After reassessing its cloud strategy — and learning a lot from running in AWS — Seagate revamped its analytics solutions using cloud-native tools and architectures. Soon after, the team realized that the optimized architecture and cloud tools would enable it to run a far more efficient ecosystem outside the public cloud. So it repatriated the data lake, moving it into Seagate storage deployed in a private cloud. Today Seagate shuttles large datasets around the world at a fraction of the cost of moving them over the WAN, while reducing ingestion times to 72 hours from weeks, Naik says.
“The repatriation of our big data ecosystem along with physical data movement using high-velocity data shuttles and cloud architectures allows us to ingest all our parametric data and provide a richer data analytics experience to our engineering and operations teams at a fraction of the cost of the public cloud,” says Naik.
The moved helped Seagate reduce spend by as much as 25 percent. “The discipline it forces on you helps you save money,” Naik says, adding that Seagate currently operates a hybrid environment that includes AWS, Azure and its own data centers.
An abundance of cloud caution
Wary of the pitfalls associated with spiraling costs that precipitate repatriation, some companies are more scrupulous about moving workloads to the public cloud in the first place.
ApolloMD, a specialty service provider for hospitals, only chooses cloud services that align its technology and business needs, says CIO Anthony Mascitti. It consumes cloud software through vendors who are hosted on AWS and uses SaaS apps such as PowerBI for data visualization and Adaptive Insights for financial analytics.
ApolloMD still operates data mining and warehousing in its own data center, but the IT department is looking to provide more self-service capabilities, which could include cloud services, to employees and partners. “My approach is to start with the business needs and the value proposition,” Mascitti says. “The tech component bridges the first two.”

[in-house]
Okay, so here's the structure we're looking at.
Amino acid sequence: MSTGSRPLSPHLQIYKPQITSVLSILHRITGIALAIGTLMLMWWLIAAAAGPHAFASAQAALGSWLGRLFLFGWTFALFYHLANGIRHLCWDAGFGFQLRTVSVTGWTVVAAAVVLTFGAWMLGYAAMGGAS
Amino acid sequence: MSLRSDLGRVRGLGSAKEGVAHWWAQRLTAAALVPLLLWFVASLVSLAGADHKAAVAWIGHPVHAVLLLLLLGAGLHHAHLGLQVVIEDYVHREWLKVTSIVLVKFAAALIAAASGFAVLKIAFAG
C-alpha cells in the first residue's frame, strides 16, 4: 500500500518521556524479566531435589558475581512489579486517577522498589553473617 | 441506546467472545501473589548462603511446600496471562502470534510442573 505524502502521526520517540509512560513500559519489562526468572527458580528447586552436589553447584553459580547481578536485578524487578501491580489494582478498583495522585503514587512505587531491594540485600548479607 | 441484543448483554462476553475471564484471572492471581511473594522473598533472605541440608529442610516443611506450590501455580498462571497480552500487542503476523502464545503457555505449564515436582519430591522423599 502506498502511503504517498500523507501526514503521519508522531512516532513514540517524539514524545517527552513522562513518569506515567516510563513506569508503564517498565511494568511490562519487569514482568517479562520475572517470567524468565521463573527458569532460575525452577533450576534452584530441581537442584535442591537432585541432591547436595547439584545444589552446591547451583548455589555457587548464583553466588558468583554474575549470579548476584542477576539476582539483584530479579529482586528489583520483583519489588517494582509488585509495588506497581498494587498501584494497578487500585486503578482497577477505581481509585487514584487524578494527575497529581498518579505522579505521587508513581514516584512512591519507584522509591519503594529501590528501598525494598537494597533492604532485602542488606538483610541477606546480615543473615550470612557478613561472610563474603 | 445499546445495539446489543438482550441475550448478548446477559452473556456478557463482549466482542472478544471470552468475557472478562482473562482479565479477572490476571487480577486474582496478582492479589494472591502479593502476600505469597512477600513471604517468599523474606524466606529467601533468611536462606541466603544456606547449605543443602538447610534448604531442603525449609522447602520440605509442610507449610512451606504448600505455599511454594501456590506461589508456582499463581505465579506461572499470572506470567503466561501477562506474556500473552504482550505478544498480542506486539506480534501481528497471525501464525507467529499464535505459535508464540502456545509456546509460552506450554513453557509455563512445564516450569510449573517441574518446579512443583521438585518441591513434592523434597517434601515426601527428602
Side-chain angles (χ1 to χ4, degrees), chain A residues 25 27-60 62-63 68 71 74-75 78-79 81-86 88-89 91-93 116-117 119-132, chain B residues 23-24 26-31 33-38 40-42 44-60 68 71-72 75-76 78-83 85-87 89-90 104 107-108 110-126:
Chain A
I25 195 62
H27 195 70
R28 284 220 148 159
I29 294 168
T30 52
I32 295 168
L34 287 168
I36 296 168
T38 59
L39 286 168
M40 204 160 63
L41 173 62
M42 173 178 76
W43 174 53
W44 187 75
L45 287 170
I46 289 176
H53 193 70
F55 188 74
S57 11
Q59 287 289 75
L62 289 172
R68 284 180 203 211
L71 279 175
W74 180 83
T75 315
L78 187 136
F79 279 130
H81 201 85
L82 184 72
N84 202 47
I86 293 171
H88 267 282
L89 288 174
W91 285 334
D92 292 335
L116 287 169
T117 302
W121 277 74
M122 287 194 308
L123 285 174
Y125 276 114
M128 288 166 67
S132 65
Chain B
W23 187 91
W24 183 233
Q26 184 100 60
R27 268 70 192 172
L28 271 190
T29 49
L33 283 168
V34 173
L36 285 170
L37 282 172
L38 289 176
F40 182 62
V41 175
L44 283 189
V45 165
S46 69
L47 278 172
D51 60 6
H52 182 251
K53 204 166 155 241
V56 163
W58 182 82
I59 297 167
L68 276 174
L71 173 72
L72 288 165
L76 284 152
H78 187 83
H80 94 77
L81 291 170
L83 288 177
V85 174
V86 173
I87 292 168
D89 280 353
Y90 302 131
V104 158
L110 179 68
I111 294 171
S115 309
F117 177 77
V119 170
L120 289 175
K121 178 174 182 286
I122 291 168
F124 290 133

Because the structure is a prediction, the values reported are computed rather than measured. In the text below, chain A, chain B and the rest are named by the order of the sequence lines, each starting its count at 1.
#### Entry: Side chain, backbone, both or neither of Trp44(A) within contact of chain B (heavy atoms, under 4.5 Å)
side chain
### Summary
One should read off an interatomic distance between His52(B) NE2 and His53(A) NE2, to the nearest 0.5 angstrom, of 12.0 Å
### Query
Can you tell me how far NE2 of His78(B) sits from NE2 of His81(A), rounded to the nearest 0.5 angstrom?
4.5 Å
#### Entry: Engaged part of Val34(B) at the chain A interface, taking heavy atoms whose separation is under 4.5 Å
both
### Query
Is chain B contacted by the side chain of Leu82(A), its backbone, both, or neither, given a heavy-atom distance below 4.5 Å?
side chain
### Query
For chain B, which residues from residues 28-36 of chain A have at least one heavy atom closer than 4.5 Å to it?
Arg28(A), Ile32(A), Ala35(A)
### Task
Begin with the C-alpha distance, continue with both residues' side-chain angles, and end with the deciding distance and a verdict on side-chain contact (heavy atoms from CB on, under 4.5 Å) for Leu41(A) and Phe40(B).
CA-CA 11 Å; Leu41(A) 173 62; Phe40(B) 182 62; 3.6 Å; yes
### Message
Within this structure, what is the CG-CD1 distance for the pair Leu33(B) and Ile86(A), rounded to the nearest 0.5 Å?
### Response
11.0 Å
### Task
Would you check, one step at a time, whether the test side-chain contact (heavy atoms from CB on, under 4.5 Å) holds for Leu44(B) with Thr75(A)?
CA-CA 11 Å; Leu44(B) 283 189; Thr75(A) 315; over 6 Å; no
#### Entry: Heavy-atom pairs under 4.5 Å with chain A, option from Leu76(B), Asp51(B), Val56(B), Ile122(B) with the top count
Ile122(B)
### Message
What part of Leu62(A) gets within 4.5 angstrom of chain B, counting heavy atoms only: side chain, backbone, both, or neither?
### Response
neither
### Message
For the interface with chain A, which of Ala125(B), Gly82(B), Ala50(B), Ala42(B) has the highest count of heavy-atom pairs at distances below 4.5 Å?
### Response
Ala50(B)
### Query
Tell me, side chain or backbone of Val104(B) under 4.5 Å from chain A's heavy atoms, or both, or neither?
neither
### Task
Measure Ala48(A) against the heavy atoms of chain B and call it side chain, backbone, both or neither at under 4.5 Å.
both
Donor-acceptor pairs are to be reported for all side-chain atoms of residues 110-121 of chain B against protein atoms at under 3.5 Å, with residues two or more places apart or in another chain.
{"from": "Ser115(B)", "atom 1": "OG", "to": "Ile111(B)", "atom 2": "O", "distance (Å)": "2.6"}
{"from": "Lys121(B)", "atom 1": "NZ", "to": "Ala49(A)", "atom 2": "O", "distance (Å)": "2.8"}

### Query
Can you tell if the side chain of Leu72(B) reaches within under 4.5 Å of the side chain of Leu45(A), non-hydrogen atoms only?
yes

As to Seagate’s decision to roll back its big data operations, Naik says it was part of the learning experience of migrating to the public cloud. And it was hardly the only hurdle, as change management presented another challenge.
In preparation for moving to the cloud, Naik created an IT training group with staff from HR to help communicate next steps. The group helped on-ramp staff to online training courses provided by Udemy. Naik also sent staff to AWS Loft sessions for refactoring in the cloud. “It was a significant game-changer,” Naik says.
CIOs must also be wary of lock-in, as most cloud vendors are incentivized to move their customers to adjacent cloud services. For example, a customer consuming data warehousing services may find it easier to use analytics and machine learning from the same vendor. But the more data and resources CIOs commit to a single platform, the harder it is to withdraw their data. CIOs want more choice and flexibility in where and how they run their workloads.
Naik expects that vendors, leery of angering customers, will eventually facilitate true multi-cloud environments in which companies can decouple compute from storage and move complete or partial workloads between clouds and on-premises systems from different vendors. “Cloud solution providers will address this,” Naik says.